Molecular mechanisms responsible for low grade glioma (LGG) pathogenesis remain poorly understood.1-6 We hypothesize that the identification of molecular pathways underlying LGG will lead to the discovery of more specific and effective novel therapeutic approaches for patients with LGG. The investigation of the molecular pathways which play a role in the pathogenesis of LGG requires accurate genetic and epigenetic models. Ideally, the models should recapitulate the salient features of LGG and develop within the brain's microenvironment in an immune-competent host. Our lab has created genetically engineered LGG mouse models employing the Sleeping Beauty (SB) transposase system.7,8 Experimental tumors harbor genetic lesions characteristic of a subtype of LGG, i.e., mutant isocitrate dehydrogenase (mIDH1) co-expressed with mutations in ATRX and TP53. The host in this tumor model exhibits an intact immune system. This allows a detailed study of all aspects of LGG biology in vivo, including interactions with the tumor immune microenvironment (TME). In this model, animals harboring intracranial mIDH1 LGG display increased median survival (MS). Mutant IDH1 exhibits an enzymatic activity that converts ?-ketoglutarate (?KG) to a new metabolite, 2-hydroxyglutarate (2HG).9-12 2HG inhibits TET methylcytosine dioxygenases (Tet2), as well as the JumonjiC domain-containing (JmjC) histone demethylases. This leads to DNA and histone 3 (H3) hypermethylation,9,10 resulting in epigenetic reprograming of the tumor cells' transcriptome. Our central hypothesis is that the epigenetic reprogramming elicited by H3 hypermethylation activates downstream pathways that confer a survival advantage in our genetically engineered animal model. In SA1 and SA2, we aim to elucidate the role played by mIDH1 in DNA repair pathways, genomic stability, and response to DNA damaging agents by employing state-of-the-art techniques such as ChIP-seq (genome regions enriched for H3me3), RNA-seq (tumor cells' transcriptome), and Bru-seq (temporal gene expression profiles). To identify the effects of mDH1 on the incidence of single nucleotide variants we will perform whole cancer genome sequencing. The findings from the experimental LGG model will also be validated in human-derived LGG stem cells. In SA 3, we will investigate how mIDH1, through epigenetic reprograming, can modify the immune suppressive TME. We will also investigate phenotypic and functional changes in tumor antigen-specific T-cells in the TME, bone marrow, blood and spleen. Finally, we will investigate how mIDH1-mediated epigenetic reprograming enhances the therapeutic efficacy of a novel immune-mediated gene therapy approach currently being tested in a Phase I trial for glioma patients at our Institution.13-18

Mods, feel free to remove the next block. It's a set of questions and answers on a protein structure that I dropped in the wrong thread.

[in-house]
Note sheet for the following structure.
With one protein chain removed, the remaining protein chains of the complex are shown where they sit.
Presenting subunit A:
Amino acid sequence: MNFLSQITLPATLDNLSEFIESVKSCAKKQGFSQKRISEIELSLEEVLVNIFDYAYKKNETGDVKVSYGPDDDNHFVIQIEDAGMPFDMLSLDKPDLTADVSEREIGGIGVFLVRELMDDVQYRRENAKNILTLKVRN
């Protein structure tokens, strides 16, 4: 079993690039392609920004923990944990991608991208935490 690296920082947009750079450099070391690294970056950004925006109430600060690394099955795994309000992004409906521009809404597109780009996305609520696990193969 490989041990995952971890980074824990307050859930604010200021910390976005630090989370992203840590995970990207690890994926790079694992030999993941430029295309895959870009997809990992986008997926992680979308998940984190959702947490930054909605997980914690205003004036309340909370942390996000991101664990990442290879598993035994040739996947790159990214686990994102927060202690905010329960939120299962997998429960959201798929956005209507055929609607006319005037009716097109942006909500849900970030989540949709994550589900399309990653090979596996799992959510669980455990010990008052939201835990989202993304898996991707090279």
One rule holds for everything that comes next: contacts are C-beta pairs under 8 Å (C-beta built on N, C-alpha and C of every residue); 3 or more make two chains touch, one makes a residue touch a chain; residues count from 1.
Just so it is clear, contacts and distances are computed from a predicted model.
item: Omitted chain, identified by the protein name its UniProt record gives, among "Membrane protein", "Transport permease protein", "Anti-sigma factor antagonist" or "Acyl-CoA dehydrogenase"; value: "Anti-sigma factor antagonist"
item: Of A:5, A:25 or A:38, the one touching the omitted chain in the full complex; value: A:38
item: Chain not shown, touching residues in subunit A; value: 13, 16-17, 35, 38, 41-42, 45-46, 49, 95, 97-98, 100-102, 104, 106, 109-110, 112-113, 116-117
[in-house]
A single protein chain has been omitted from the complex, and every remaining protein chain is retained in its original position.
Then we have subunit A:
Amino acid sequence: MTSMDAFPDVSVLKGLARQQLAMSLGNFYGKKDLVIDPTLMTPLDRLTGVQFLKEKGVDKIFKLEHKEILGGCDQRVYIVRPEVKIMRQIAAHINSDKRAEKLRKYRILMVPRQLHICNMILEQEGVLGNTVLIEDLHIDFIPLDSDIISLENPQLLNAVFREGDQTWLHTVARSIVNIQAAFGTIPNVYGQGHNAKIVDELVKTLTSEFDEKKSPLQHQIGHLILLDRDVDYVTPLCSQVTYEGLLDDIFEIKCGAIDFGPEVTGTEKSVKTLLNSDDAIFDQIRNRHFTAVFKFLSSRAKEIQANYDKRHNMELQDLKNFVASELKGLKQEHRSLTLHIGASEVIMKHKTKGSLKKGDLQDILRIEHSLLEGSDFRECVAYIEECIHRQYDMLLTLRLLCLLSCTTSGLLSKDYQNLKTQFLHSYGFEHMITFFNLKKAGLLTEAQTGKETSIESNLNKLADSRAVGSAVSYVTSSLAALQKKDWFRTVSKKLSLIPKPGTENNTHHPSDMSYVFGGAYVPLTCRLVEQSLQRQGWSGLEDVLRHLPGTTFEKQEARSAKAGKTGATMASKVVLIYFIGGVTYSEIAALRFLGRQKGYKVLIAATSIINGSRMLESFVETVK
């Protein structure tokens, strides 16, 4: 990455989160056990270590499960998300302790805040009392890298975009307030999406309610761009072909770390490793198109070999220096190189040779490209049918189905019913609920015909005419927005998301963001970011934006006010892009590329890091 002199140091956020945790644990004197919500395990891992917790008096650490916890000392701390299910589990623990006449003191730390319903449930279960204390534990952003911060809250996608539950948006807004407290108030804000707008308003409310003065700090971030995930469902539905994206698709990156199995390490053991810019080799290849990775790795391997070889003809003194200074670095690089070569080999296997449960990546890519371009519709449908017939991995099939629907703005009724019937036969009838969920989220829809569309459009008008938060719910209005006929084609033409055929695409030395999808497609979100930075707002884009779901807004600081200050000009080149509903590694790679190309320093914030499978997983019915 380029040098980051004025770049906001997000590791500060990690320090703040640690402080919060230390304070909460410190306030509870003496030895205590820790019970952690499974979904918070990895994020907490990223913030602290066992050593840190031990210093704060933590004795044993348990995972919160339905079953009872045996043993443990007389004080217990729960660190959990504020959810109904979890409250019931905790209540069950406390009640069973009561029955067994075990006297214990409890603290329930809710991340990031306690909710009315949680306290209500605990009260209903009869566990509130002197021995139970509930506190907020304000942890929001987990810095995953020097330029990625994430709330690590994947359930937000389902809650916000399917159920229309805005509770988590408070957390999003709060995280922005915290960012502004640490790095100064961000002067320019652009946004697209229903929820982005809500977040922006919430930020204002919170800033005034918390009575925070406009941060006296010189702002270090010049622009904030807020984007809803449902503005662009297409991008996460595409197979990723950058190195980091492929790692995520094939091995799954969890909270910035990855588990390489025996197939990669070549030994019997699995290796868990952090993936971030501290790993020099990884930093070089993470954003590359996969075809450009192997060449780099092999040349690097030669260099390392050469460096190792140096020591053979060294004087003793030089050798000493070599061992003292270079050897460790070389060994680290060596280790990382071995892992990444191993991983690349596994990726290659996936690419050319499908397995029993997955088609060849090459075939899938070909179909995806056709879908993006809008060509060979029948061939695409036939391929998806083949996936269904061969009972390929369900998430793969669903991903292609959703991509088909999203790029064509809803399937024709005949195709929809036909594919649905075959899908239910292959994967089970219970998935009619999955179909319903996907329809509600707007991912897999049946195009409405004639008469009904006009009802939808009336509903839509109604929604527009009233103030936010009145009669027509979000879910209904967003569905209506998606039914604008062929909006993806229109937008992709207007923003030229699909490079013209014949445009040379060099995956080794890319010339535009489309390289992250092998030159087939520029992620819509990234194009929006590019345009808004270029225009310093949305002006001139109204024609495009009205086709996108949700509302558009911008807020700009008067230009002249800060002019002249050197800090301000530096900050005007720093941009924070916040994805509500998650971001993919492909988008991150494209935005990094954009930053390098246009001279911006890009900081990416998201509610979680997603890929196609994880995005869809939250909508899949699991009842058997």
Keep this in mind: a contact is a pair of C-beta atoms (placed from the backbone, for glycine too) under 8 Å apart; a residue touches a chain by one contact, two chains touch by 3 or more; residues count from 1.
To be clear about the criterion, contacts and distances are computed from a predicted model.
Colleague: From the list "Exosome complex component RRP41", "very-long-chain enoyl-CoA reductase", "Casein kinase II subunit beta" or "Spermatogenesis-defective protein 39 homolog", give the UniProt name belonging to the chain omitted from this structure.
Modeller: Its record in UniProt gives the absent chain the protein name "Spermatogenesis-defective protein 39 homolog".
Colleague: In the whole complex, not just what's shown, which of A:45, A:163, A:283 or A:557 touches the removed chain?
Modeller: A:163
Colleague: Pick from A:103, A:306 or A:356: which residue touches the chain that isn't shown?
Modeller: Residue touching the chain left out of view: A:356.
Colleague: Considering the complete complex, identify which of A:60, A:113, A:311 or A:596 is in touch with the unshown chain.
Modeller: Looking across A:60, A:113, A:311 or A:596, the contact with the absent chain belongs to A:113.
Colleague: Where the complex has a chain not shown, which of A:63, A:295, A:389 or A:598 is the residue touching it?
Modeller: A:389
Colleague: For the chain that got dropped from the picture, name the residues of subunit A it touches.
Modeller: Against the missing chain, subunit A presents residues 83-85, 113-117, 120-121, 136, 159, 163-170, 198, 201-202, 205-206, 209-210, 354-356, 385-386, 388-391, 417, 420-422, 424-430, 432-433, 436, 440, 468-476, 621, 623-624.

Recent whole genome sequencing has revealed that lower grade primary brain tumors (LGG) harbor distinct mutations and molecular profiles. We aim to study a subtype of LGG which harbors ATRX mutation (mATRX), p53 mutation and mutation in the enzyme, isocitrate dehydrogenase 1 (mIDH1). ATRX is a histone chaperone; mIDH1 acquires a gain-of-function mutation that produces 2-hydroxyglutarate (2HG), an inhibitor of histone and DNA demethylases, leading to epigenetic reprograming. Our goal is to assess the molecular mechanisms by which mATRX and mIDH1 impact the biology of LGGs, influence the tumor immune microenvironment and the response to treatment, including immune-mediated therapeutic approaches.
|Kamran, Neha; Alghamri, Mahmoud S; Nunez, Felipe J et al. (2018) Current state and future prospects of immunotherapy for glioma. Immunotherapy 10:317-339|
|Kamran, Neha; Chandran, Mayuri; Lowenstein, Pedro R et al. (2018) Immature myeloid cells in the tumor microenvironment: Implications for immunotherapy. Clin Immunol 189:34-42|
|Haase, Santiago; Garcia-Fabiani, María Belén; Carney, Stephen et al. (2018) Mutant ATRX: uncovering a new therapeutic target for glioma. Expert Opin Ther Targets 22:599-613|
|Kamran, Neha; Li, Youping; Sierra, Maria et al. (2018) Melanoma induced immunosuppression is mediated by hematopoietic dysregulation. Oncoimmunology 7:e1408750|
|Mendez, Flor M; Núñez, Felipe J; Zorrilla-Veloz, Rocío I et al. (2018) Native Chromatin Immunoprecipitation Using Murine Brain Tumor Neurospheres. J Vis Exp :|